In this case, though, lawmakers were wise to reject a plan that disproportionately targets the elderly, the poor, immigrants and Nebraskans of color – people least likely to have a government ID. The only way to fairly institute such a measure would be to guarantee all Nebraskans had access to a free ID.

Such a plan, however, would likely cost hundreds of thousands of dollars, at minimum, if not into the millions. That money would be better serve addressing actual concerns in this state.

Case in point: When Nebraska’s election results were certified, both Gov. Pete Ricketts and Secretary of State Bob Evnen praised the state’s election officials for handling record turnout during a pandemic, all with zero allegations of fraud made to Evnen’s office.

Therefore, we ask: If ain’t broke, why fix it?

Nebraska elections are running perfectly as they are, according to those who oversee them. Without cause for a change, the proposed constitutional amendment is truly a solution in search of a problem.


Grand Island Independent. July 11, 2021.

Editorial: Grand Island Public Schools needs help to stay maskless

It’s early July and we’re already making plans for our kids to go back to school in mid-August.

After the way the coronavirus affected our schools during the past two years, it is encouraging to hear that Grand Island Public Schools, which educates about 10,000 students, believes it will be ready in August to making masks optional for staff members, students and visitors.

This past week the school district issued its preliminary Safe Return to School Plan, which says masks will be optional and visitors will be allowed in GIPS buildings.

Of course, there must be conditions on these changes from the past year when masks were required and no visitors were allowed. The changes will be made provided that “Substantial Transmission,” as defined by the Centers for Disease Control and Prevention, doesn’t occur in Hall County.

That means that this loosening of restrictions could be retracted if there is large-scale community transmission of the virus in the county. It was announced last week that the number of new COVID-19 cases in Nebraska increased by 80% to 456 cases for the week ending July 1. This is expected to be largely due to the presence of the delta variant of the virus in our state, as that strain is more contagious.

The numbers must be put into perspective as the increase was such a high percentage because the state had such a low number of new cases earlier in June.

Also, the district already loosened protocols for summer school and, according to a GIPS statement, no summer school students are known to have tested positive for COVID-19.

Superintendent Tawana Grover emphasized that what was released last week is preliminary and community input will have a significant effect on the final Safe Return to School Plan.

That is a wise approach as the district wants to respect the concerns of its students and their parents.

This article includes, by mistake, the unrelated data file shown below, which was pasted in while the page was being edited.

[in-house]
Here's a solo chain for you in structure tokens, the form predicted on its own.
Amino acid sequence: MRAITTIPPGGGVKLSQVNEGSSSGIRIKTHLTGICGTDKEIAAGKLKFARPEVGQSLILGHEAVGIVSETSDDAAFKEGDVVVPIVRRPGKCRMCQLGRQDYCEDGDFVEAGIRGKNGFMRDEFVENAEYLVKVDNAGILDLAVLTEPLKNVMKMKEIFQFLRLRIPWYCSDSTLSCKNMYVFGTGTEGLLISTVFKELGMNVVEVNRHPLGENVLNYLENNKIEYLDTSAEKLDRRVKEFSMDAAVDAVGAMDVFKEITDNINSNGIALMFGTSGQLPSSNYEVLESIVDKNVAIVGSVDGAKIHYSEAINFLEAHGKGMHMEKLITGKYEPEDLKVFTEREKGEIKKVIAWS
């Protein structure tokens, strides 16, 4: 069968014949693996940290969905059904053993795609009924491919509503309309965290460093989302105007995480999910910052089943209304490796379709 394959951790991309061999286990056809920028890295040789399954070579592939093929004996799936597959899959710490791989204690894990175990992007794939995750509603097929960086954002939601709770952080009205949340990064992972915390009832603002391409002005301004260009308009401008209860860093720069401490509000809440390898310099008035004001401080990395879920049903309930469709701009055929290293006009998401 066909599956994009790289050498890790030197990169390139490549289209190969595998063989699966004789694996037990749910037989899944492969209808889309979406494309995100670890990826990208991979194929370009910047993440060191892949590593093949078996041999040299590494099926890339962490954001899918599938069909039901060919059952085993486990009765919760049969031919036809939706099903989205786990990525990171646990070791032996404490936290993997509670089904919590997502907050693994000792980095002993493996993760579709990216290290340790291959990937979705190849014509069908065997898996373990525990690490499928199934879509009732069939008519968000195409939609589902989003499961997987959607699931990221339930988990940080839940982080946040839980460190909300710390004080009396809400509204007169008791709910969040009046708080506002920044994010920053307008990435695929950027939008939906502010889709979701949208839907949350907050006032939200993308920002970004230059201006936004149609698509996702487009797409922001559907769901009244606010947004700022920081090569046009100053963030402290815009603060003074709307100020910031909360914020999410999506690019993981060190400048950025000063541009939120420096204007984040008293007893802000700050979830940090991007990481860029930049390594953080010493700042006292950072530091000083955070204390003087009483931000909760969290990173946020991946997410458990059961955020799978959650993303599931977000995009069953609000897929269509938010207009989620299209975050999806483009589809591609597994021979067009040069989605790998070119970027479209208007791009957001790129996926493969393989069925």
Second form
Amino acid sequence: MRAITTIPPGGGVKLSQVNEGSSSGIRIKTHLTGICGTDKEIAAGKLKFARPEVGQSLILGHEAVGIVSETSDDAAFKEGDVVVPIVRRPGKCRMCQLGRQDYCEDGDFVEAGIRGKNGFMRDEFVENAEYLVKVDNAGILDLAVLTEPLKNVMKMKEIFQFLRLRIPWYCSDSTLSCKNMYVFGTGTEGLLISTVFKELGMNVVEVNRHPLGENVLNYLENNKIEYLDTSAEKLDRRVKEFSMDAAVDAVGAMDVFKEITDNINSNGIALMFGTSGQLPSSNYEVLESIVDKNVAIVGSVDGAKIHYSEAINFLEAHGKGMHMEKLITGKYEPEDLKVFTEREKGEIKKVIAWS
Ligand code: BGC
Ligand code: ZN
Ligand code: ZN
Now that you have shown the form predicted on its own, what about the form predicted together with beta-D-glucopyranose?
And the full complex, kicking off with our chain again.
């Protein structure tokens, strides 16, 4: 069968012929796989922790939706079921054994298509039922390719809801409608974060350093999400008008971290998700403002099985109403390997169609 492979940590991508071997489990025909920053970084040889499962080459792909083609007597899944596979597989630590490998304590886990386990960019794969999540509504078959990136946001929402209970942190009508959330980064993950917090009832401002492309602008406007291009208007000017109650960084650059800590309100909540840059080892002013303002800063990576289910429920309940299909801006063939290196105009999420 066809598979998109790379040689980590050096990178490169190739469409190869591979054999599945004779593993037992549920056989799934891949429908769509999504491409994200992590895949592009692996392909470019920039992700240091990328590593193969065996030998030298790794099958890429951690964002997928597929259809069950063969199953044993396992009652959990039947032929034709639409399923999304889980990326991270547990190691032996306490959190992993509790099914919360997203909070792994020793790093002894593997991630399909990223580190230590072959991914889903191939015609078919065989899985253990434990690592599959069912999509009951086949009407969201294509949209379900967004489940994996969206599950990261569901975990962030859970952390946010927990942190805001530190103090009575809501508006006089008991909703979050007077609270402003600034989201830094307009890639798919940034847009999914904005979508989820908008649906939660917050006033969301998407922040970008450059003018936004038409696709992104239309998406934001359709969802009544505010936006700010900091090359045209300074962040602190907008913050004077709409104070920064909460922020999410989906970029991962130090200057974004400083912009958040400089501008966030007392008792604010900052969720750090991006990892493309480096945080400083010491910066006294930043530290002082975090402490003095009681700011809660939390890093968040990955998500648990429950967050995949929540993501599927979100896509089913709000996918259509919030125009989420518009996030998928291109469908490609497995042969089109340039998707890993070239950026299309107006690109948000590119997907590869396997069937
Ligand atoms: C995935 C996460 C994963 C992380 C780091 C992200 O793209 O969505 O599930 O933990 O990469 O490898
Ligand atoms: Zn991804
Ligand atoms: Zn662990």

“Community input is very valuable to this process,” she said. “We want to make sure people are comfortable with the plan,” Grover said.

A survey is available to complete on the GIPS website, gips.org, until next Thursday. A final plan for the upcoming school year is expected to be released Aug. 1.

The current draft of the back-to-school plan was put together under advisement by a board crisis team, area medical professionals and the Central District Health Department. The core group in developing the plan, however, was the same 21-member GIPS pandemic team assembled to help develop protocols for the last school year.

This team is made up of GIPS staff members from throughout the district who have relied heavily on research and gathering ideas from other schools, Grover said.

The school district did a lot during the past year to make it possible to have in-person education for a large percentage of its students, including its new Needlepoint Bipolar Ionization air purification system, hand sanitizing stations and use of CDC-approved cleaning supplies. These will continue to be used.

Grover said the availability of coronavirus vaccines is being kept in mind throughout the plan’s conception, including taking into consideration there is no vaccination currently available to children under the age of 12.

This underscores the importance of children older than 12 and adults getting vaccinated. The pace of vaccination has slowed greatly in our area to the point that mass vaccination clinics are not being held at the Community Fieldhouse any longer. But those who aren’t vaccinated still can get the vaccine at the CDHD office at 1137 S. Locust St., as well as at area pharmacies.

CDHD Health Director Teresa Anderson emphasized again recently that getting vaccinated “is the single best action you can take to protect yourself and those around you from COVID-19.”

Vaccinations are available at CDHD between 8 a.m. and 4 p.m. weekdays, with extended hours on Thursday when they are available until 8 p.m.

Minors under age 19 need parental or guardian consent to receive their vaccinations. For more information, call 308-385-5175 or visit the CDHD website at cdhd.ne.gov.

So get vaccinated if you haven’t already and provide your input to GIPS on its preliminary back-to-school plan.

Let’s all come together to see that our children can safely begin the new school year without masks starting in August.